“The study provides one more piece of evidence that it’s possible to get magma from the mantle to the surface in very short order,” said John Pallister, who heads the U.S. Geological Survey Volcano Disaster Assistance Program in Vancouver, Wash. “It tells us there’s a potentially shorter time span we need to worry about.”

Kids Should Always Wear Life Jackets On Boats

ELK GROVE VILLAGE, Ill. (UPI) — Children should always wear life jackets when on boats or near bodies of water and never swim alone, U.S. pediatricians advise.

The American Academy of Pediatrics advises parents and caregivers to make sure the life jacket is the right size for the child and that the jacket should not be loose. It should always be worn as instructed with all straps belted.

“Blow-up water wings, toys, rafts and air mattresses should not be used as life jackets or personal flotation devices,” the AAP said. “Adults should wear life jackets for their own protection, and to set a good example.”

Adolescents and adults should be warned of the dangers of boating when under the influence of alcohol, drugs and even some prescription medications.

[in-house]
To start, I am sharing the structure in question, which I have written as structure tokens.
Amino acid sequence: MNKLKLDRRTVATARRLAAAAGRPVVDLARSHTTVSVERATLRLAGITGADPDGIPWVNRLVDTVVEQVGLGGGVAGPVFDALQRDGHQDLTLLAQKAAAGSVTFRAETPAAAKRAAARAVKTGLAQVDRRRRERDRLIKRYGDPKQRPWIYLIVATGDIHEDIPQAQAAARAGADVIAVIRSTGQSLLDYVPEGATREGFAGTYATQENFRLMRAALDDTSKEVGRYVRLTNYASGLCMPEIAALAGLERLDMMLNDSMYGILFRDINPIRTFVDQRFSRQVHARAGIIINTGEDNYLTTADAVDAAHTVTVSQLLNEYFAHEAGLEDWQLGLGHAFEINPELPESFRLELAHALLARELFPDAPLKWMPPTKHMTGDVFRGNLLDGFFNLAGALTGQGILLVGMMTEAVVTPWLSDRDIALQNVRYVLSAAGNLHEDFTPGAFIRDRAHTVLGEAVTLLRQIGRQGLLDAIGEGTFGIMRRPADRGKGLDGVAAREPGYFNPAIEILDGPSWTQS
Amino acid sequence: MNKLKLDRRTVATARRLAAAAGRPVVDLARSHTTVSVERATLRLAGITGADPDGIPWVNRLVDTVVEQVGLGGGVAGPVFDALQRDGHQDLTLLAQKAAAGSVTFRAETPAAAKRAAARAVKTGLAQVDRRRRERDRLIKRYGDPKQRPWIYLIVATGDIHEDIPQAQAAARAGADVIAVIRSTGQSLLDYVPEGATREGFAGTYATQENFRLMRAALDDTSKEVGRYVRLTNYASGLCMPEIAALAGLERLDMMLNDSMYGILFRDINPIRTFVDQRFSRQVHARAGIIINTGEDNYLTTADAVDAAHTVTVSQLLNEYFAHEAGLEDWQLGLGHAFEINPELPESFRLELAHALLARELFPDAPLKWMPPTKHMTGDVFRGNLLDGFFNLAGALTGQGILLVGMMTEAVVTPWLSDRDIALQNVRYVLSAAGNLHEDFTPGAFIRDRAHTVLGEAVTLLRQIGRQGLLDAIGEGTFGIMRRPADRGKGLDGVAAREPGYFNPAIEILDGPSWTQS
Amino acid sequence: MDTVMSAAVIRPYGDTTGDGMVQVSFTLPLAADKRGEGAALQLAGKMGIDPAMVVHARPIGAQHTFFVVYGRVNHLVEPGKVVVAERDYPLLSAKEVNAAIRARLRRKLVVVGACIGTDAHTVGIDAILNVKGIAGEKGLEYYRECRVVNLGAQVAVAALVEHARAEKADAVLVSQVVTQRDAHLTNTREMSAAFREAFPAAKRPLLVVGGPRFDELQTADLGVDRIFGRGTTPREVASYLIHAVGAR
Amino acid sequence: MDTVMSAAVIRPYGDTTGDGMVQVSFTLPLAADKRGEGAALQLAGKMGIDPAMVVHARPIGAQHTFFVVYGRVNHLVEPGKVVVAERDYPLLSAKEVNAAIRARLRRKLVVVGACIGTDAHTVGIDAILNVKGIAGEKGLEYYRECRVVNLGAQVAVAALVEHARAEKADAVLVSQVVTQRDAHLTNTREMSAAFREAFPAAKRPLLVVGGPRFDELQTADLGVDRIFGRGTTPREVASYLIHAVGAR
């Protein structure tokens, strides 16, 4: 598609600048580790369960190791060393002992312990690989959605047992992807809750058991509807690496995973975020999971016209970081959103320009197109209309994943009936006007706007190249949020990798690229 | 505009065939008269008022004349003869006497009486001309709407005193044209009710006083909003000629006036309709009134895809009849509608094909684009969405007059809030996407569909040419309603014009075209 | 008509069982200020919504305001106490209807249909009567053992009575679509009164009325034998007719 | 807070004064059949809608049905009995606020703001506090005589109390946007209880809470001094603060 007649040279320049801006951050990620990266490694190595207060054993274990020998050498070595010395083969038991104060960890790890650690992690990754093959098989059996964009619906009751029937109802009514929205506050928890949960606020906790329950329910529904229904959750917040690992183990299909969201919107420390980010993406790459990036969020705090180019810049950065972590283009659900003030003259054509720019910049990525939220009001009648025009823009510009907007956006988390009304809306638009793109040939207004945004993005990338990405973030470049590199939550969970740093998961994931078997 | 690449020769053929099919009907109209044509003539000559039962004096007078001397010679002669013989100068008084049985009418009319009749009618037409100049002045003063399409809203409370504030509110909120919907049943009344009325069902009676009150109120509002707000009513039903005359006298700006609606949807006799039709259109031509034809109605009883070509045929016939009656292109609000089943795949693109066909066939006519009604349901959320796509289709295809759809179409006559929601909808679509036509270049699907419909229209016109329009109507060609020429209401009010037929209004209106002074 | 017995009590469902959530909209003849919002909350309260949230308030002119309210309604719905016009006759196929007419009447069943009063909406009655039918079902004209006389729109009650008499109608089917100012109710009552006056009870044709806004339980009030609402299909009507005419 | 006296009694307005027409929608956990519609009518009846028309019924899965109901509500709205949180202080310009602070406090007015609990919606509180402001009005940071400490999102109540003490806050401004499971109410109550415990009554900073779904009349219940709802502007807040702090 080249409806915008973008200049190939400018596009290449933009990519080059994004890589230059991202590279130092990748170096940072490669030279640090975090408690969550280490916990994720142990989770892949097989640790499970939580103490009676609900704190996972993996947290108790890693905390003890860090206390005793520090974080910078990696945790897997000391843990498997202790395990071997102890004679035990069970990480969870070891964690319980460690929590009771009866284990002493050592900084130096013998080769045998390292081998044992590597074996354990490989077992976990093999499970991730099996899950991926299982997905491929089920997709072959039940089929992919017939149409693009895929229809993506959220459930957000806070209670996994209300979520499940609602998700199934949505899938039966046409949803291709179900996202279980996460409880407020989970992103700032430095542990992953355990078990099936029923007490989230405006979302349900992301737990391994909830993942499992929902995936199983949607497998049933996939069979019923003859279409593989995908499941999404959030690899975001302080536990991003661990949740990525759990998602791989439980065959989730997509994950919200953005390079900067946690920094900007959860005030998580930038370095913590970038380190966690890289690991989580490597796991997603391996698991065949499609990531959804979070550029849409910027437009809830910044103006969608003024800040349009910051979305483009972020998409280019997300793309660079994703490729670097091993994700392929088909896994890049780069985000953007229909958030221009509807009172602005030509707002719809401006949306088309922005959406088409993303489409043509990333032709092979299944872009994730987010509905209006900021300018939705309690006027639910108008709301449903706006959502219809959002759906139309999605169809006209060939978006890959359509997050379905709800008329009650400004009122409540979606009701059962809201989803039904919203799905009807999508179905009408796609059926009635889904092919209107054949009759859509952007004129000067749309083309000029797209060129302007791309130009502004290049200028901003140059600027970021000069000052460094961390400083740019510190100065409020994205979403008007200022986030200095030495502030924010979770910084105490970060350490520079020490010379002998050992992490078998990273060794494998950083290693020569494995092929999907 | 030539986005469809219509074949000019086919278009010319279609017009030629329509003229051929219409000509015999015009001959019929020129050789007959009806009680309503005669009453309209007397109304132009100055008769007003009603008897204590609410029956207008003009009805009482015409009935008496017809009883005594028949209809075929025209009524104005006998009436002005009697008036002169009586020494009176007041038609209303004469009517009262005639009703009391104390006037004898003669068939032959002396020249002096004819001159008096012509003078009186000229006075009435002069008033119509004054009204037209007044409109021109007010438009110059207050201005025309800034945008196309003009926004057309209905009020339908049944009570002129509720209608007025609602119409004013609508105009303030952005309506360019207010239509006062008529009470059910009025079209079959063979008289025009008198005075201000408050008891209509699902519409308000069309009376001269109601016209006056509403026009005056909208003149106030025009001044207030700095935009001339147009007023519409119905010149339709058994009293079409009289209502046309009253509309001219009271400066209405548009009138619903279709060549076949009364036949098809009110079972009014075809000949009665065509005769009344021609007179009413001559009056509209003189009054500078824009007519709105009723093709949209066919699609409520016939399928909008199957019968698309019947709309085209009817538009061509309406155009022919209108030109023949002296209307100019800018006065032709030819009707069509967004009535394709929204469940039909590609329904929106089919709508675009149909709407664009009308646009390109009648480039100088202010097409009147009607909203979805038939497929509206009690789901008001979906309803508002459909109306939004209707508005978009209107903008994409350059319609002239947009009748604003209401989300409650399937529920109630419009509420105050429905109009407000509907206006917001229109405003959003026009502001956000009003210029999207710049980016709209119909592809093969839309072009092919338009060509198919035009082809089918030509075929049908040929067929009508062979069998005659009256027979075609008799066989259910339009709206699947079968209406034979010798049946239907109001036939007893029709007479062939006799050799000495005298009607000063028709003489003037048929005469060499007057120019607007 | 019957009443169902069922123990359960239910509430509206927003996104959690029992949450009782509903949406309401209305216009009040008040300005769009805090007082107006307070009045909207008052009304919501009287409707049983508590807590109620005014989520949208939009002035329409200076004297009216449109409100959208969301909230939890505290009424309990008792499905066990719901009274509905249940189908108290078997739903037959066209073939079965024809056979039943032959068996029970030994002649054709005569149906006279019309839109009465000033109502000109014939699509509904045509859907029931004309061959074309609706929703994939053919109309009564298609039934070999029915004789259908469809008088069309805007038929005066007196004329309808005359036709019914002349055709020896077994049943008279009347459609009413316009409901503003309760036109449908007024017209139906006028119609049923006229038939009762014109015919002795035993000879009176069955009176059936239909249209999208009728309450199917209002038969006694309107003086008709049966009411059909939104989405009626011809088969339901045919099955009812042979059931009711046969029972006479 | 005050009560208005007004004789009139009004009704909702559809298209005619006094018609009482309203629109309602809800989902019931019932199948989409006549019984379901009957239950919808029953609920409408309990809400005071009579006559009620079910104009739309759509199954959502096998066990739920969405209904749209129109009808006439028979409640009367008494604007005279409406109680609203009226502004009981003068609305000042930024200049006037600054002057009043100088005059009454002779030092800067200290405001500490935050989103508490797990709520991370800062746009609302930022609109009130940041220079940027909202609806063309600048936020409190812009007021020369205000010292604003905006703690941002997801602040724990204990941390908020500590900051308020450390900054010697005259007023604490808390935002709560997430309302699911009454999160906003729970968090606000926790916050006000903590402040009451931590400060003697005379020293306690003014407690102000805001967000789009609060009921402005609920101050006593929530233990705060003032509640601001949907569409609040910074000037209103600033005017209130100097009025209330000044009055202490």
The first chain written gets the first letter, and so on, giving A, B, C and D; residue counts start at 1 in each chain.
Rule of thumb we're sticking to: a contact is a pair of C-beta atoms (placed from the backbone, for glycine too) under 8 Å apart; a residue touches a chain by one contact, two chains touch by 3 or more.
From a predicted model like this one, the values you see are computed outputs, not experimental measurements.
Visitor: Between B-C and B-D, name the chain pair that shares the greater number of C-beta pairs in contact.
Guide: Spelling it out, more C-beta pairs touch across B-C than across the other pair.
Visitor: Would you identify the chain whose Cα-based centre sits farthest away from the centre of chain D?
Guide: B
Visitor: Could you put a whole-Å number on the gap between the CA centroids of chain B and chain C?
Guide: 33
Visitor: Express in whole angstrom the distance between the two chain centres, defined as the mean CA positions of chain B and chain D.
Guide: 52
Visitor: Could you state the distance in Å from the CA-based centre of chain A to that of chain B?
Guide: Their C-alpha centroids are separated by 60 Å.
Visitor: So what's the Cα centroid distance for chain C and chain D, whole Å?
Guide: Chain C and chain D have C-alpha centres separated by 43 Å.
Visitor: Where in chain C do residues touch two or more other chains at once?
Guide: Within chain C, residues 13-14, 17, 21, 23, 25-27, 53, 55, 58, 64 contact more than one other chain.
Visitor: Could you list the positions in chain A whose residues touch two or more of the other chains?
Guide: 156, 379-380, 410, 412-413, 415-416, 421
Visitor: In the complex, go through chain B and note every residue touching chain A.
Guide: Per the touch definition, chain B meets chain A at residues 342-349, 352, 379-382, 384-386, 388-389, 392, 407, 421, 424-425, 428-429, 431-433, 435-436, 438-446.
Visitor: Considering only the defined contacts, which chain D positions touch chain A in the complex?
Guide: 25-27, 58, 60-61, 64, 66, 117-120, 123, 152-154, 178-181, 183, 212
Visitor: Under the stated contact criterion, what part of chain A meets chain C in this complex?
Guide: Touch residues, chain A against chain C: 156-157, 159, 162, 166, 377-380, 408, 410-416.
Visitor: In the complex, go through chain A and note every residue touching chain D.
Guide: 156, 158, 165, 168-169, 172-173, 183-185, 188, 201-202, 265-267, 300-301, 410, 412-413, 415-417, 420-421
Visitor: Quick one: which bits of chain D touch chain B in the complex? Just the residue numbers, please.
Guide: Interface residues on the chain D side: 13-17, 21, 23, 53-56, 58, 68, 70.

In addition, the AAP also advised people should never swim alone. Even good swimmers need buddies, the AAP said.

A lifeguard, or another adult who knows about water rescue, needs to be watching children whenever they are in or near the water. However, younger children should be closely supervised while in or near the water. Use “touch supervision,” keeping no more than an arm’s length away, the AAP said.

“Make sure your child knows never to dive into water except when permitted by an adult who knows the depth of the water and who has checked for underwater objects,” the AAP said.

“Never let your child swim in canals or any fast moving water. Ocean swimming should only be allowed when a lifeguard is on duty.”